Tightening The Thumbscrews

Another thought-provoking article was just published in EP Monthly about how Medicare is cutting more payments to physicians. It will be interesting to see the unintended effects of Medicare’s decision.

Medicine is unique in that you can’t just leave one job on Friday and start another job at another hospital on Monday. Before you can get privileges to work in a hospital, you have to fill out a staff application, have all your references checked, go through committees, have the committees sign off on your application. Then you get your privileges. You also have to apply for all the new billing numbers, get insurance companies to change to your new location, yada yada yada.

All of this takes time. Sometimes a lot of time.

In emergency medicine, you used to be able to begin working at a new hospital a soon as you got your staff privileges – even if your billing paperwork had not been approved. You’d see patients, then hold your charges until you get your insurance approvals, then bill the insurance companies for all of the work you performed.

Medicare is now changing the rules.

According to the new Medicare Retroactive Billing Policy, Medicare will no longer pay for retroactive charges.

This policy doesn’t even make sense.

Provider payments are held up until Medicare gets around to approving the providers’ applications.

Think this policy is going to make Medicare work faster at processing applications?

7 Responses to “Tightening The Thumbscrews”

  1. sleepyjosh says:

    Oh geez! Not like Medicare is always a timely payor to begin with!

    Not to metion how slow the CMS offices are when it comes to provider enrollments.

  2. Doc99 says:

    According to CMS, a zero sum game means the doctor receives zero. Why should anyone participate in this obvious ponzi scheme?

  3. ERP says:

    Guess what, I would not start working until my payments are approved.

  4. shadowfax says:

    Sleepyjosh — you’re completely ignorant. CMS is by far the fastest payer.

    Whitecoat — This is not actually a big deal. Yes, it means there’s a hard deadline and no forgiveness, which is why ACEP is working on getting CMS to rescind this rule (one of many value-added services that ACEP performs). But, as you mention, there is a significant lag time between applying for hospital credentials and being approved. That lag time tends to be longer — in some cases much longer — than the approval time for medicare. The net effect of this is that our new hires must have their medicare apps complete and submitted prior to or at least contemporaneous with the hospital apps. We’ve done this many times (I’ve hired and credentialled about 25 docs in the last several years) and it’s not been a problem. (Maybe Dave Packo doesn’t have as well-oiled a process at EMP?)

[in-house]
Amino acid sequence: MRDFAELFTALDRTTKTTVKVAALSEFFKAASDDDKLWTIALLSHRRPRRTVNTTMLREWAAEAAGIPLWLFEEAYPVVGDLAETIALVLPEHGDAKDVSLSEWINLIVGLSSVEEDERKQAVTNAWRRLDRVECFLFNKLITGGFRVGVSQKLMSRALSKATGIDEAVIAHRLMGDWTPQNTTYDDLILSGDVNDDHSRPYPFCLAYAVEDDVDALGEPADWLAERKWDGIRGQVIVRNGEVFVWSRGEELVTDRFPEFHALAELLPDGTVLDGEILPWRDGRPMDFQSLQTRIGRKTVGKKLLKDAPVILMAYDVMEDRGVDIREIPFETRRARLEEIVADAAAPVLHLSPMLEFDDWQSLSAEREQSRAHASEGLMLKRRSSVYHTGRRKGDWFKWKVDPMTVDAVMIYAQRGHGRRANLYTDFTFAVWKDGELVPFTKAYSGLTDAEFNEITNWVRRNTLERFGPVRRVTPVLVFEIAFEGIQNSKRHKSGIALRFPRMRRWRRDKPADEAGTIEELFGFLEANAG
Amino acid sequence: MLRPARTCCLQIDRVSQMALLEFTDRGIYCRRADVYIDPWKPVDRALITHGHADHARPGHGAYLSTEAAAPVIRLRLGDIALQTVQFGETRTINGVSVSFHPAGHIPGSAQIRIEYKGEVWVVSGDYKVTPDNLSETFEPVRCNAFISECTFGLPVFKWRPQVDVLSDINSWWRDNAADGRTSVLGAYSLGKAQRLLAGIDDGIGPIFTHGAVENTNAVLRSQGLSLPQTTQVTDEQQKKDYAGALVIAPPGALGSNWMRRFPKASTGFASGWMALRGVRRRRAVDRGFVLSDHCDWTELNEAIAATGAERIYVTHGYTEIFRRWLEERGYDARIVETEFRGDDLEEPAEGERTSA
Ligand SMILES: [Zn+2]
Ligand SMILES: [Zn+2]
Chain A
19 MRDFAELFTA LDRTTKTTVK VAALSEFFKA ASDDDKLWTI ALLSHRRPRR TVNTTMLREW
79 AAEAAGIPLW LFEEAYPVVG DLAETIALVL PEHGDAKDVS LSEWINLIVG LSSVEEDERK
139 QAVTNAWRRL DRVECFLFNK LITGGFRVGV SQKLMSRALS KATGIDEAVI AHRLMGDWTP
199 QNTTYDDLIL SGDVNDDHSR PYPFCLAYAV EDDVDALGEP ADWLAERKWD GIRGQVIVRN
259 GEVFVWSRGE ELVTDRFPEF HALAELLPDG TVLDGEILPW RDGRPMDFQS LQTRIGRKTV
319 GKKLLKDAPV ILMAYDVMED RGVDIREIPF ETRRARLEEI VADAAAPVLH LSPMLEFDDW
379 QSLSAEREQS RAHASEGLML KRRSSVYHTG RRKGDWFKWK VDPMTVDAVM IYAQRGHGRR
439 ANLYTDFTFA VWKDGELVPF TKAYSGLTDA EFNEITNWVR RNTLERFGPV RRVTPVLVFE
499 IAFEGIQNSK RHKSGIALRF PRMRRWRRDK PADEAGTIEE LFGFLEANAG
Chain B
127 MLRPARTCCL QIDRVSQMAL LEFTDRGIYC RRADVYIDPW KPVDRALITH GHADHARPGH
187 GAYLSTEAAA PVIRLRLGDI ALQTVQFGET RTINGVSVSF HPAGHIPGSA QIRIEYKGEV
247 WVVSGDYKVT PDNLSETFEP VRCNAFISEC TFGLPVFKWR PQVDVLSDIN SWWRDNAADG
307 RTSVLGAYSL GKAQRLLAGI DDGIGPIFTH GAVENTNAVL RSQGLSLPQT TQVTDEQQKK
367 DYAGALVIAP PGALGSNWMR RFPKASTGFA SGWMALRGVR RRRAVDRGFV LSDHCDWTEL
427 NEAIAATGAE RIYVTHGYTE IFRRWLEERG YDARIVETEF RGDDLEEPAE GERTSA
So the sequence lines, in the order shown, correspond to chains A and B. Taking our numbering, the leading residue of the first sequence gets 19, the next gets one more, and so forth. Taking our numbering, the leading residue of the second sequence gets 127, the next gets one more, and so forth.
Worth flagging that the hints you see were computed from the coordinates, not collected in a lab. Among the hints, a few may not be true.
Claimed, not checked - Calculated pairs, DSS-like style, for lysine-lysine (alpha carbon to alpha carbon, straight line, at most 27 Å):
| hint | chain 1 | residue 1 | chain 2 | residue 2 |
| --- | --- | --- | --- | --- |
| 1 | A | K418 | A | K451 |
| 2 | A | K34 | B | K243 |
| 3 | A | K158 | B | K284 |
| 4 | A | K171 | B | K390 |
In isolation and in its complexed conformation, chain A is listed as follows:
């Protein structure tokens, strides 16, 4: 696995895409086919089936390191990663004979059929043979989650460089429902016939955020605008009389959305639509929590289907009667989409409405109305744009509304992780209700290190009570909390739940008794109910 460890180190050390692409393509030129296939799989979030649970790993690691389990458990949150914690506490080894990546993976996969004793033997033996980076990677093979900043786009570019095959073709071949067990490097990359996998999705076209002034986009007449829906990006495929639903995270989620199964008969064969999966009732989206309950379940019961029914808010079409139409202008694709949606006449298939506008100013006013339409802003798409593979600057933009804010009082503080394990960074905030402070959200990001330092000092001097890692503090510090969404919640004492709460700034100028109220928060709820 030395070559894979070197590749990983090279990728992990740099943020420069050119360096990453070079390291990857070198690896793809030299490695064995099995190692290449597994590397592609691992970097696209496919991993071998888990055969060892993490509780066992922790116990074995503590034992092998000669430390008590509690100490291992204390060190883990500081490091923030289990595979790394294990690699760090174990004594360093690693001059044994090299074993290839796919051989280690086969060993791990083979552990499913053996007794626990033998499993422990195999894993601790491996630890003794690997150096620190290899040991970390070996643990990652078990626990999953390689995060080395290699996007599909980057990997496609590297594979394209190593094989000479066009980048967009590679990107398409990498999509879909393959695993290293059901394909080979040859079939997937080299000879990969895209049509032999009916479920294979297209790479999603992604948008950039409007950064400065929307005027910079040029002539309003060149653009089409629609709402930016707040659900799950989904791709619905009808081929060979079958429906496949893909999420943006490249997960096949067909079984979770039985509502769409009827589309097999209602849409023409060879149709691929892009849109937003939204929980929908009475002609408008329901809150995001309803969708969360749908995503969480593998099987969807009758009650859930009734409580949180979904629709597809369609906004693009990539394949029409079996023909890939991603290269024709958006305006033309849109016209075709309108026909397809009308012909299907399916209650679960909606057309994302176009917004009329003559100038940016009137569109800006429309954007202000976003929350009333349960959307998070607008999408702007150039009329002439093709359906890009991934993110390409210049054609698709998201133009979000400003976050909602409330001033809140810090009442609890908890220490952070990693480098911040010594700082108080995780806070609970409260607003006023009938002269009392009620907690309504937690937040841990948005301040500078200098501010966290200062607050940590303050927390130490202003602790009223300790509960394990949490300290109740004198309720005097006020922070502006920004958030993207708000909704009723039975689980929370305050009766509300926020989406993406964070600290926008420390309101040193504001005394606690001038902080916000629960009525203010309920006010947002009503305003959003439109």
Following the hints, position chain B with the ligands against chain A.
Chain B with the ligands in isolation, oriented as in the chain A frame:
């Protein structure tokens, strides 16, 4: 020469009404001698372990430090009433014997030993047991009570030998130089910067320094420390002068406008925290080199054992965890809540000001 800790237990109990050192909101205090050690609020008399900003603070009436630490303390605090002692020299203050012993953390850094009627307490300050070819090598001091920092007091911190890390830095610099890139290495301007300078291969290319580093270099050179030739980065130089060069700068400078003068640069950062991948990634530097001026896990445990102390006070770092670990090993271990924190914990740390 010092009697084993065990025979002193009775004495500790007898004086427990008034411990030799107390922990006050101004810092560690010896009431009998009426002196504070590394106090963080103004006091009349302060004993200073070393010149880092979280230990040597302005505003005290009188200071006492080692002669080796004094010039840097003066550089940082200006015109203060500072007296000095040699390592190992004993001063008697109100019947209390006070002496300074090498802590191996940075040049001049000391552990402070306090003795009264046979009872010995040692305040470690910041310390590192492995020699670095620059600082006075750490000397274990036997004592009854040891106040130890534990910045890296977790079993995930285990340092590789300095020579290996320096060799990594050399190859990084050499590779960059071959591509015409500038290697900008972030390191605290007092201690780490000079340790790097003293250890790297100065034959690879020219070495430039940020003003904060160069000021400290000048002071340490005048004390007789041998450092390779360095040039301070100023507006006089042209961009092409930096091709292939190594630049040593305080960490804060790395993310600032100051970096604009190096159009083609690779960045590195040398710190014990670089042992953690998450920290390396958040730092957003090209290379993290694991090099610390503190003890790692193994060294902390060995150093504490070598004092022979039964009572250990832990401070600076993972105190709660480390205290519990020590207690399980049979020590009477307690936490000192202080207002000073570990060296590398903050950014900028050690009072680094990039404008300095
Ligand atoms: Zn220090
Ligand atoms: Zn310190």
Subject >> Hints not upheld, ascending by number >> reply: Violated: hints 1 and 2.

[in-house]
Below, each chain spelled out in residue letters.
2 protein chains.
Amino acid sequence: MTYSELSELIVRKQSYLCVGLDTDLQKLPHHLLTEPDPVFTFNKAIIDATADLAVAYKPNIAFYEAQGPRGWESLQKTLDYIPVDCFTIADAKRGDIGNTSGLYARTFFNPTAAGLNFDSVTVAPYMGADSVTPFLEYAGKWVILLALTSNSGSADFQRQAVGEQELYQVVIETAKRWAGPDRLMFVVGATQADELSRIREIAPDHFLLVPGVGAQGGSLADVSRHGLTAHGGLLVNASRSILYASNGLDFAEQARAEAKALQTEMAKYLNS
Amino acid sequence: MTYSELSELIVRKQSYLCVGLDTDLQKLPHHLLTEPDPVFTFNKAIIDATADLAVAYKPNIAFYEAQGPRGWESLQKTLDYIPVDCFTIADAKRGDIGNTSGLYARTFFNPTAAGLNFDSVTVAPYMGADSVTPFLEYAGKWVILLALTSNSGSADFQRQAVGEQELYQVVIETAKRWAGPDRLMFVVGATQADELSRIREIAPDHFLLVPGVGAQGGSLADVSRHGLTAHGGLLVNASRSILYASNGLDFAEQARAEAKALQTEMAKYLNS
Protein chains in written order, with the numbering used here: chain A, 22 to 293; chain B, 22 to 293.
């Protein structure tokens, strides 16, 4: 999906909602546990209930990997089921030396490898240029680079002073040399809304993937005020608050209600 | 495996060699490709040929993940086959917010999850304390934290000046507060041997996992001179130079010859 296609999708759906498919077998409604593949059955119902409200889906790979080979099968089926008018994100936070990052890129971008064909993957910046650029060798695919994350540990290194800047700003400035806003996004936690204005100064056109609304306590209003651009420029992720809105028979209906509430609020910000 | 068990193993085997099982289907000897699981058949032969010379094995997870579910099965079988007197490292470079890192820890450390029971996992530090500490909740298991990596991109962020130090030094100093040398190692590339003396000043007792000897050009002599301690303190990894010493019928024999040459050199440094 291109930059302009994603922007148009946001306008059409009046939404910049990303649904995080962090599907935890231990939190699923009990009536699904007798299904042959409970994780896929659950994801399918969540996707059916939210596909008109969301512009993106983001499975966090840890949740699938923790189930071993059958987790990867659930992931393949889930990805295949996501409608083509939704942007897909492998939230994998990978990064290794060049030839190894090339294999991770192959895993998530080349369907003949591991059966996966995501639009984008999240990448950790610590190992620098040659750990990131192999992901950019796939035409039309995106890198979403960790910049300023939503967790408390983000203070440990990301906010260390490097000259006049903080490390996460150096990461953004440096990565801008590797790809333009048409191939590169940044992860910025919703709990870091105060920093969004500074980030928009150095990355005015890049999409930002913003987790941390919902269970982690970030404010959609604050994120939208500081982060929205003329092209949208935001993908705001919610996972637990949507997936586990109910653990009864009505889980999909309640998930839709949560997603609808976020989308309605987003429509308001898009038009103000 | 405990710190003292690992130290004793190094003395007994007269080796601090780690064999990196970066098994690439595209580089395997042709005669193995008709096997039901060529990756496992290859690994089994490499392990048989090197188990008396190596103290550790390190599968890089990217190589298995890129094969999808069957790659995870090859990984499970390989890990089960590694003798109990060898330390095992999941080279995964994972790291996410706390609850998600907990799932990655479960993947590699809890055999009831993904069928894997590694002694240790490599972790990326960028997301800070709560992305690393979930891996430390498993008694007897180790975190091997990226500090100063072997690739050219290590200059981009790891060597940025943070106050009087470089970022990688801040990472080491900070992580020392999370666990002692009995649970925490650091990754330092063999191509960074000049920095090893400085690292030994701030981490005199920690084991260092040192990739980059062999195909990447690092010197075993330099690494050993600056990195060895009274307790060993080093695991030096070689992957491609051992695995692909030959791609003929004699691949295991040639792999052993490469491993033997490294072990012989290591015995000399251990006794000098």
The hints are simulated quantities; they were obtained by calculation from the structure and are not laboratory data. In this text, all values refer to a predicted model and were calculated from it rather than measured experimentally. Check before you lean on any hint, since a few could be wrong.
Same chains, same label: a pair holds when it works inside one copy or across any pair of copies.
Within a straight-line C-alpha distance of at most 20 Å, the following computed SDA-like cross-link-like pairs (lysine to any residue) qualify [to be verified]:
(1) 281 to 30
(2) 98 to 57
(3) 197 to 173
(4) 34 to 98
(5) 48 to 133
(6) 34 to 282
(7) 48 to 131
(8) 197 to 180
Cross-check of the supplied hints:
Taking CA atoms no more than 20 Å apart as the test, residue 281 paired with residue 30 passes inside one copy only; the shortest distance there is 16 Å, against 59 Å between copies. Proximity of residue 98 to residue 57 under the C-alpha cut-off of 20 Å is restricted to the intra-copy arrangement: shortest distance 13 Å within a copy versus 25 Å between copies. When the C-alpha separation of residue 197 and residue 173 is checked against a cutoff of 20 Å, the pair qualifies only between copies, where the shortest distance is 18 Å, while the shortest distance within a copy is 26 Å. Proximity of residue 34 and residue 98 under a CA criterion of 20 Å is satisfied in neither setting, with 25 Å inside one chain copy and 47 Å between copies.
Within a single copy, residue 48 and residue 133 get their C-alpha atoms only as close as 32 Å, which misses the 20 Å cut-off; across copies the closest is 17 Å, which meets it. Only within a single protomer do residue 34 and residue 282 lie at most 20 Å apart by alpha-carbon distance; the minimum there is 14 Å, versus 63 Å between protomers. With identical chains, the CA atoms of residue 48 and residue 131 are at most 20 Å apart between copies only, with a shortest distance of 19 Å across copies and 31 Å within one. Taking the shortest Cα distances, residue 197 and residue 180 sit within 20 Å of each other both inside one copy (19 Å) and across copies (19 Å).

The take-home here is that the medicare app has just become the most important part of paperwork to get in and approved. Don’t Fuck It Up. The loss of that retroactive window is worrisome, and hopefully will be restored.

    And ERP, you’re right — we don’t let anybody start working until their paperwork is all in line.

    • sleepyjosh says:

      Shadowfax–In our practice (a part B provider–not using EFT), Medicare tends to be on the slower side in approving/paying claims. Granted, there’s also a commercial insurer or two who is also slow.

  5. k says:

    Slightly OT, but somewhat related WRT Medicare:

    Well, UCMC physicians might not need to worry about having their Medicare docs in a row. The Feds are threatening to do is take away the University of Chicago Medical Center’s Medicare certification.

    The conclusion: that a 78-year-old man brought to the emergency room by ambulance last month was neither triaged nor logged in, even though he was placed in a wheelchair in plain sight of the triage area.

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